Stephen Kay
Keyboard Wizard
by Gary Eskow

New York Giants football fans know Westfield, N.J., to be the home of benched quarterback Dave Brown. Westfield, which boasts street after street of turn-of-the-century masterpiece single-family homes, perennially pops up on lists of America's most desirable communities. That's where designer/singer/engineer/software developer Stephen Kay makes his home, and his living.

Back in the late '80s, before the synth/sampler/jingle equation came to mean squashed budgets and little room for inventiveness, sound design had not yet split off from the art of composing a solid hook. Music houses were on the prowl for technical wizards who could also compose, but few engineers had the commanding keyboard technique and composing skills to balance out their button-twirling abilities. Kay does it all, as I found when I called on him at his home studio, which is built in a refurbished church.

Kay became part of the project studio phenomenon early. In 1986, he bet the whole roll on a Fairlight Series III sampling system. The next year found him in Minneapolis turning out a library of mainly orchestral sounds for the Sound Genesis library. This experience recording and editing a high-quality set of samples became the foundation for his burgeoning career. Also during this period, Kay turned out compositions under his own company, Technisound. Among his hits were the main themes to NBC's 1989 coverage of Wimbledon and the French Open.

In 1990, Kay began working with Korg Inc., as a consultant. He provided programming, sampling and wave editing for inclusion in the 01/W, X5DR, I Series and Trinity synths. He also composed demos for all of these units, many of which were praised in product reviews.

When Mix stopped in on Kay, he was working on a software program he calls KARMA (Kay Algorithmic Real-time Music Architecture). "When I was asked to create demo sequences for Korg products, part of my job was simply to blow people away with the sounds themselves and what could be done with them," Kay says. "One of the problems I'd come across revolved around the limitations of trying to execute a convincing guitar strum, for example. That's difficult to reproduce from a keyboard. Because I'm fascinated with these challenges, and because Korg was asking for something different, I'd spend hours and hours figuring out how to get the most realistic-sounding guitar strumming effect or harp glisses."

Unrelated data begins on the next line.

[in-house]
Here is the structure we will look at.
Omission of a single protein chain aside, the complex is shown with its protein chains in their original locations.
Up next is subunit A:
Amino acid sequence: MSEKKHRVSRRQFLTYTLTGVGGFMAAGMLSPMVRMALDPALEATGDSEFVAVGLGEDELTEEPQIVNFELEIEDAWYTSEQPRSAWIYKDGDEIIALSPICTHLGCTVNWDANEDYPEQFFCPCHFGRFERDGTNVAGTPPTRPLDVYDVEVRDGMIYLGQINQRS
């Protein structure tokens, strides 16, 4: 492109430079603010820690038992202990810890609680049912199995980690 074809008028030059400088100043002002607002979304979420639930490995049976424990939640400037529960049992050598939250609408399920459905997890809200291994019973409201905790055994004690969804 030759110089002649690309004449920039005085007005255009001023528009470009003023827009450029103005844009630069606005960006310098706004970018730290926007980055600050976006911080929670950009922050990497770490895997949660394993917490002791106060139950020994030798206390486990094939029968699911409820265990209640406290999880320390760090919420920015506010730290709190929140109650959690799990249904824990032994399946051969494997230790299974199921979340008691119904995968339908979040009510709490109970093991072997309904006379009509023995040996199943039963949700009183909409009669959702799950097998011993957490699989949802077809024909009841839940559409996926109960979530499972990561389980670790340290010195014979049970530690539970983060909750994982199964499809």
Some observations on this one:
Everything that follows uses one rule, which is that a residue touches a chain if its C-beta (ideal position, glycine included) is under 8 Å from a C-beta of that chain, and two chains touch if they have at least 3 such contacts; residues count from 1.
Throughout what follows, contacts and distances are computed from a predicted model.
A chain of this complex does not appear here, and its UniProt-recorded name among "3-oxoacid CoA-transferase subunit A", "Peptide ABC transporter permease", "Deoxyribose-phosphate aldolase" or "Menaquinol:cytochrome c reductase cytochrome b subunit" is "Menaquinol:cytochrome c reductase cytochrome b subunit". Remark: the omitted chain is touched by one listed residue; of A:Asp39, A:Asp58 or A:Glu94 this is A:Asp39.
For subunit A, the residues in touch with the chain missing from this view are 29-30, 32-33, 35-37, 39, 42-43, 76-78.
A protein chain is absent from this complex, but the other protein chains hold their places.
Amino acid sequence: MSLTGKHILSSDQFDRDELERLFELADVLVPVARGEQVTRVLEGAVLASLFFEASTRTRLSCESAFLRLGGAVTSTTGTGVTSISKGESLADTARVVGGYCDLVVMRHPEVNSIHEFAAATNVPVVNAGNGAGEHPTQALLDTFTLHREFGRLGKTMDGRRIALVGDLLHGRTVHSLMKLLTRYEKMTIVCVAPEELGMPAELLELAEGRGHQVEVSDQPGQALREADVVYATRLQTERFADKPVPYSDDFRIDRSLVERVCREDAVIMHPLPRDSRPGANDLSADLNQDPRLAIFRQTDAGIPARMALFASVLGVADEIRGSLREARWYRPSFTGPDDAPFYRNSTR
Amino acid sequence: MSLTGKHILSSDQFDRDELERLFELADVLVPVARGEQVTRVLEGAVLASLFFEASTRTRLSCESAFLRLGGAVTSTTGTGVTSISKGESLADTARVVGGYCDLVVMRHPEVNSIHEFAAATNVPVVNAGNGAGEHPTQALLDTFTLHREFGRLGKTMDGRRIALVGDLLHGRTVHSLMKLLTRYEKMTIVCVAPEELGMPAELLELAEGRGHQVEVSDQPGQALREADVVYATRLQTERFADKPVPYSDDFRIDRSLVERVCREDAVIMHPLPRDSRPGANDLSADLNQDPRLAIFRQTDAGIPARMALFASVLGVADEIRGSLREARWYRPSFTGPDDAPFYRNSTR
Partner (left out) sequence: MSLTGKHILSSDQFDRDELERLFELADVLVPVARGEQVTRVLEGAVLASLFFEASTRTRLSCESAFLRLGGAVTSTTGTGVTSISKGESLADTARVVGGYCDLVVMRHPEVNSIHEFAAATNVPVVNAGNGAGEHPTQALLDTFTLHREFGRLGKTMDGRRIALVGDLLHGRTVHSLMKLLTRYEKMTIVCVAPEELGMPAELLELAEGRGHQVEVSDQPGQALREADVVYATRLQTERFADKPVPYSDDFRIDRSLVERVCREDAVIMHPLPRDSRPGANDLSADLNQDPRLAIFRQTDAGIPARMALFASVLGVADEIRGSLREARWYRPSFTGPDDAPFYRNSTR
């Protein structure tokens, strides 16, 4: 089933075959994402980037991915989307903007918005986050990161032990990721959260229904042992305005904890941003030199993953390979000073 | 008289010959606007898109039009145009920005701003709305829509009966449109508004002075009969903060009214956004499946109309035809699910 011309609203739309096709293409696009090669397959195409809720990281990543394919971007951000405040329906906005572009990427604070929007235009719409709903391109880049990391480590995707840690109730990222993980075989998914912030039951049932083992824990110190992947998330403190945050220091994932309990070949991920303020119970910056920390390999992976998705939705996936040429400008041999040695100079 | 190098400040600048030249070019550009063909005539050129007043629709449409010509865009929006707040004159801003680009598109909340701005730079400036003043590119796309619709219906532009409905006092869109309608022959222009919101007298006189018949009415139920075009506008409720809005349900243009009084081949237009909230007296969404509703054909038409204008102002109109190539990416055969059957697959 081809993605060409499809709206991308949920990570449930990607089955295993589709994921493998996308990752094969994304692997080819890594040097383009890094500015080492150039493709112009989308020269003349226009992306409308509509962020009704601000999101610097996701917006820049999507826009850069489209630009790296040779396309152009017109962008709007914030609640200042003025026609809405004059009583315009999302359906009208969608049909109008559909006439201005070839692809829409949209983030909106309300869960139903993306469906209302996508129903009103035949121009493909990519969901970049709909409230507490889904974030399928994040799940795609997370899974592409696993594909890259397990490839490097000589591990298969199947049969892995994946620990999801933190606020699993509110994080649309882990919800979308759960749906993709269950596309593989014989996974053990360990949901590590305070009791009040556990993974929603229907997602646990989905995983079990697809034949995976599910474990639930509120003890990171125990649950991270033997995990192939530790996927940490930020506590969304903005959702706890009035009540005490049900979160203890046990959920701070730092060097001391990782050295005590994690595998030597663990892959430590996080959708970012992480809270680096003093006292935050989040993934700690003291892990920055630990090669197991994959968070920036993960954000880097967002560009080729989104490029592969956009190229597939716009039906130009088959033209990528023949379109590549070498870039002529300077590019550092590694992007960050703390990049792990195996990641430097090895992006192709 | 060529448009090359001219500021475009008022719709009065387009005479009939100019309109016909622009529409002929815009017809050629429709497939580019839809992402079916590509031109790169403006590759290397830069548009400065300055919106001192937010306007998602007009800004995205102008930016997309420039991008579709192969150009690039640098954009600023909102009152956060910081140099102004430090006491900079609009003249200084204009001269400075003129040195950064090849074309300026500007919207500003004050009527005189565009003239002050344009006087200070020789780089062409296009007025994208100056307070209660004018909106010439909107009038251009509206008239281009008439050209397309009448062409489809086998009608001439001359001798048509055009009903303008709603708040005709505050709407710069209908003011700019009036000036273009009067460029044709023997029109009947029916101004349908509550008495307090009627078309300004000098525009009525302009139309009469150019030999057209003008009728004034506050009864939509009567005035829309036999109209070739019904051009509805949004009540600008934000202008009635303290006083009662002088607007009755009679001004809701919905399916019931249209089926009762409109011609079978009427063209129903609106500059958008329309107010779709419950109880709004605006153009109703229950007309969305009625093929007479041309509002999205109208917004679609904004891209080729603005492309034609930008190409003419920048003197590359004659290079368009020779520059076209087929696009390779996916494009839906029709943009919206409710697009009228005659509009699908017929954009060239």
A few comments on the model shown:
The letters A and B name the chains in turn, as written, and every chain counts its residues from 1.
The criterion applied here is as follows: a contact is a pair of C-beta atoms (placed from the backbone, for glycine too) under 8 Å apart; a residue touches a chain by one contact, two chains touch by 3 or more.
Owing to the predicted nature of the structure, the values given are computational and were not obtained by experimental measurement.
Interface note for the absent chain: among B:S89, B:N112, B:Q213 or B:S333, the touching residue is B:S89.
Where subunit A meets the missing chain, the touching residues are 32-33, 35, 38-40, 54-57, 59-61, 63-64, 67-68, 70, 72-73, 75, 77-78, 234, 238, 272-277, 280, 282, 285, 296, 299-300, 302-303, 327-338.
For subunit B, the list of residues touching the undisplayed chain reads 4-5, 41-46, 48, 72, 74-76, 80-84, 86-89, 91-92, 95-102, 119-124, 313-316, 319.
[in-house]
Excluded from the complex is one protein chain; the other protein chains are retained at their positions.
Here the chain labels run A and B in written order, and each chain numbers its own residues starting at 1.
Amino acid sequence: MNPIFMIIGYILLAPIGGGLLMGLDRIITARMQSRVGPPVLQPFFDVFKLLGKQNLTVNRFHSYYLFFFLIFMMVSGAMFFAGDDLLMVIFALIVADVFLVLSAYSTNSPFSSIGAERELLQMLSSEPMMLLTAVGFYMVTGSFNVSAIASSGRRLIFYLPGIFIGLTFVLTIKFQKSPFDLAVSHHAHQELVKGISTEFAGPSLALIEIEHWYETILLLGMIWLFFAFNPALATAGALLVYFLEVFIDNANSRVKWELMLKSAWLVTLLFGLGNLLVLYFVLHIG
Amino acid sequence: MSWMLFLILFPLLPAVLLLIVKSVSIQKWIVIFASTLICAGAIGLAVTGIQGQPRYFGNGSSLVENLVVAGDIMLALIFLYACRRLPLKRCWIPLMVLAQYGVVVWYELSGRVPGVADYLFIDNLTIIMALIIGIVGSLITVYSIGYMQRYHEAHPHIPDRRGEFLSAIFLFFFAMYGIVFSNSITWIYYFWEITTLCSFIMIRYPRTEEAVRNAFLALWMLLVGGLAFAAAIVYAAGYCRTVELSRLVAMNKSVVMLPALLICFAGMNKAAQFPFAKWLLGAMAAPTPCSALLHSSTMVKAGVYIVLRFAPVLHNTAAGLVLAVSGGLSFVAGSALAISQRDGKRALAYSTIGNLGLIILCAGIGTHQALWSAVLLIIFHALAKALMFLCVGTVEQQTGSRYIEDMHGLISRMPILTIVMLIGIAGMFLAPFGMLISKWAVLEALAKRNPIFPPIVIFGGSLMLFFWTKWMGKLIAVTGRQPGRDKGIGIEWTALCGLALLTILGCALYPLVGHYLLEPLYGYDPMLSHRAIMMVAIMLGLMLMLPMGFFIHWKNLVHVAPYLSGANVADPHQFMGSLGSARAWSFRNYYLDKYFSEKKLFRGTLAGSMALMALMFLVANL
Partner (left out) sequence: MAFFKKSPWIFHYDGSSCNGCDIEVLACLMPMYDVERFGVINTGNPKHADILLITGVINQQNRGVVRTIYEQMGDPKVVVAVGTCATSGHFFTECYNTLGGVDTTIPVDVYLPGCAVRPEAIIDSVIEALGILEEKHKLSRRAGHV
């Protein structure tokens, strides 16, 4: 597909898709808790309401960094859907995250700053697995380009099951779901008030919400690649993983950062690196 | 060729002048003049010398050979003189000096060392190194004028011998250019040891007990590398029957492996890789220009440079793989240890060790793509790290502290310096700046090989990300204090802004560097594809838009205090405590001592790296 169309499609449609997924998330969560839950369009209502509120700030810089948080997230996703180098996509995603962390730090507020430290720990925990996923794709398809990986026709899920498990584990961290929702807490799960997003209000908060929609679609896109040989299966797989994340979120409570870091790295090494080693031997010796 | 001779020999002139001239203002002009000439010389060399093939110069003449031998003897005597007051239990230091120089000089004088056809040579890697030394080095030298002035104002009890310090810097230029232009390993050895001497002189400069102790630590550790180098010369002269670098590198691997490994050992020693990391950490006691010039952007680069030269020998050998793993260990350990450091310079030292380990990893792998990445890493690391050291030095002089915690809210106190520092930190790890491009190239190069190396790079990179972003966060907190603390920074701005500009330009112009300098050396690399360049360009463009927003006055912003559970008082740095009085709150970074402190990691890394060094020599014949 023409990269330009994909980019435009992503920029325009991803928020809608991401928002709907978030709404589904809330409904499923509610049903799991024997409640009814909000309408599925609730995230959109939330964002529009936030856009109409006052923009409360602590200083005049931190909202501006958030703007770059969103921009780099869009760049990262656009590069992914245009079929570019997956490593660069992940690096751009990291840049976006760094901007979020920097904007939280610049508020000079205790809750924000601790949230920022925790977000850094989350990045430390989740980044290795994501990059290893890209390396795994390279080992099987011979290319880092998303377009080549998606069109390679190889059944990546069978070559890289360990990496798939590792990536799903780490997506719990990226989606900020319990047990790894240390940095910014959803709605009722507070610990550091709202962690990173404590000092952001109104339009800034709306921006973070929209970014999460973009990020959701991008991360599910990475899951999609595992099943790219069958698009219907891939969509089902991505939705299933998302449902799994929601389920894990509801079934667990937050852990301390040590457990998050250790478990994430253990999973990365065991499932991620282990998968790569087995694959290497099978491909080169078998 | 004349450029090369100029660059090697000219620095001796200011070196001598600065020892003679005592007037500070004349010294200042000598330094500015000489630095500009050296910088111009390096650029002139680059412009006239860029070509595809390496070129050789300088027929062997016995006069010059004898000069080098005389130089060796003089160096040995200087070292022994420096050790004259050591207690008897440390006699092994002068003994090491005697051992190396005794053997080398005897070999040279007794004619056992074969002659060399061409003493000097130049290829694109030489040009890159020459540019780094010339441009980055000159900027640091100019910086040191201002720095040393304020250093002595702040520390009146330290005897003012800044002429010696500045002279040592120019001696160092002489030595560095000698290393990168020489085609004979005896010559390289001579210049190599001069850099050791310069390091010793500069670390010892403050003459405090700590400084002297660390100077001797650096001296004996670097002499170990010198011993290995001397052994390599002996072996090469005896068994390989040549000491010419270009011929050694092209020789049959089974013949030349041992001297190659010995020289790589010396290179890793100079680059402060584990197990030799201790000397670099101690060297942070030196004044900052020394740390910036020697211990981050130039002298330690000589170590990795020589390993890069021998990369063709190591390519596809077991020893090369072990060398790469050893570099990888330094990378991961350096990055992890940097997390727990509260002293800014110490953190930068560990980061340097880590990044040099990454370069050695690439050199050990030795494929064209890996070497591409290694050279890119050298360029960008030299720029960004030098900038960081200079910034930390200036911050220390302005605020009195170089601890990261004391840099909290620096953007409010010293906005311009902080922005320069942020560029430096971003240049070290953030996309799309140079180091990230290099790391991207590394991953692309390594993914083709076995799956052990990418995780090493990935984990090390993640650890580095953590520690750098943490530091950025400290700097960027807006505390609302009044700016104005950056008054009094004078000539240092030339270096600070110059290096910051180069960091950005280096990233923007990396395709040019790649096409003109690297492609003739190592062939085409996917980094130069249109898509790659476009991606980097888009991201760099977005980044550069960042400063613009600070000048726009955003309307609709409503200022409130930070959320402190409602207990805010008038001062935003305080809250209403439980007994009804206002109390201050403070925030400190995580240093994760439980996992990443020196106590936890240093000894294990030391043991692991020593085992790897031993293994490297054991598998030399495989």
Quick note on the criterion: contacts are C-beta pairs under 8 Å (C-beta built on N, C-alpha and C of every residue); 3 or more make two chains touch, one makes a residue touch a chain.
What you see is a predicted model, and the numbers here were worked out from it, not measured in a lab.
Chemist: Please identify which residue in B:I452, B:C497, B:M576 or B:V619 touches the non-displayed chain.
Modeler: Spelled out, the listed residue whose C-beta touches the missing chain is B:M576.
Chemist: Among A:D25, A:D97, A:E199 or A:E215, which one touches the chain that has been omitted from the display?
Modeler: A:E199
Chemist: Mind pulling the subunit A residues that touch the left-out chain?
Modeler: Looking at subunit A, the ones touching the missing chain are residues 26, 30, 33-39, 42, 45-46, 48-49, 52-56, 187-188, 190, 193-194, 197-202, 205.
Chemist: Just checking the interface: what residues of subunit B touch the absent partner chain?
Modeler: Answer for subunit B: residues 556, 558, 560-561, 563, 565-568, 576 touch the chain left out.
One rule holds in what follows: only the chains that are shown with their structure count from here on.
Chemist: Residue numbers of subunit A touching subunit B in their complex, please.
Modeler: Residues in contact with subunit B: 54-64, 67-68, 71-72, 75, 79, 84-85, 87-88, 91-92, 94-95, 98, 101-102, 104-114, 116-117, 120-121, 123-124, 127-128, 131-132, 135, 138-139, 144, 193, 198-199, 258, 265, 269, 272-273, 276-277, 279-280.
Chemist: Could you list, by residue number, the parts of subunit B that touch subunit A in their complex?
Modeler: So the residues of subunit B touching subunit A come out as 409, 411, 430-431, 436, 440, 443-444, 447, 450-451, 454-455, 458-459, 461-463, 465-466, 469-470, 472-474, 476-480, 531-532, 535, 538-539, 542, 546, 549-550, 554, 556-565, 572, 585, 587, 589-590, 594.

During our interview, Kay demo'd a beta version of KARMA. He called up a harp sound and played a chord on the keyboard. Out came a cascade of harmonically correct notes. Sounds like an arpeggiator, right? Well, to a point, but KARMA is actually far more advanced than its early ancestor.

KARMA gives the user control over a maximum of six generation modules, all of which contribute to the overall effect. The harp gliss offers an insight into what users will ultimately be tapping. "Most arpeggiated harp glisses end up sounding lame because they don't take into consideration the fact that a harpist will begin the right hand gliss before the left hand completes its stroke. KARMA allows you to control exactly when the second hand comes in, the direction of the strumming, and with a controller set to modulate tempo, say, you can speed up or slow down the gliss in real time."

While working on Korg's I Series--he received two patents for his work--Kay started programming in Opcode's MAX language. "Five years ago, I hadn't written a line of code. MAX, which lets non-programmers write MIDI programs, eased me into things. I now use C for all of my work on KARMA, but MAX was indispensable to me."

The only regret this multithreat musician has is that the demands of turning out product for manufacturers like Korg, combined with his work bringing KARMA to market (he targets early '98 for both the software version and a stand-alone unit aimed at non-professionals who want to jam with MIDI files) leave little time for composing and recording his own material. But you can check in with Kay and his work on KARMA by e-mailing him at

Gary Eskow is a freelance musician, producer and writer based in New Jersey.

These materials copyright ©1998 by Intertec Publishing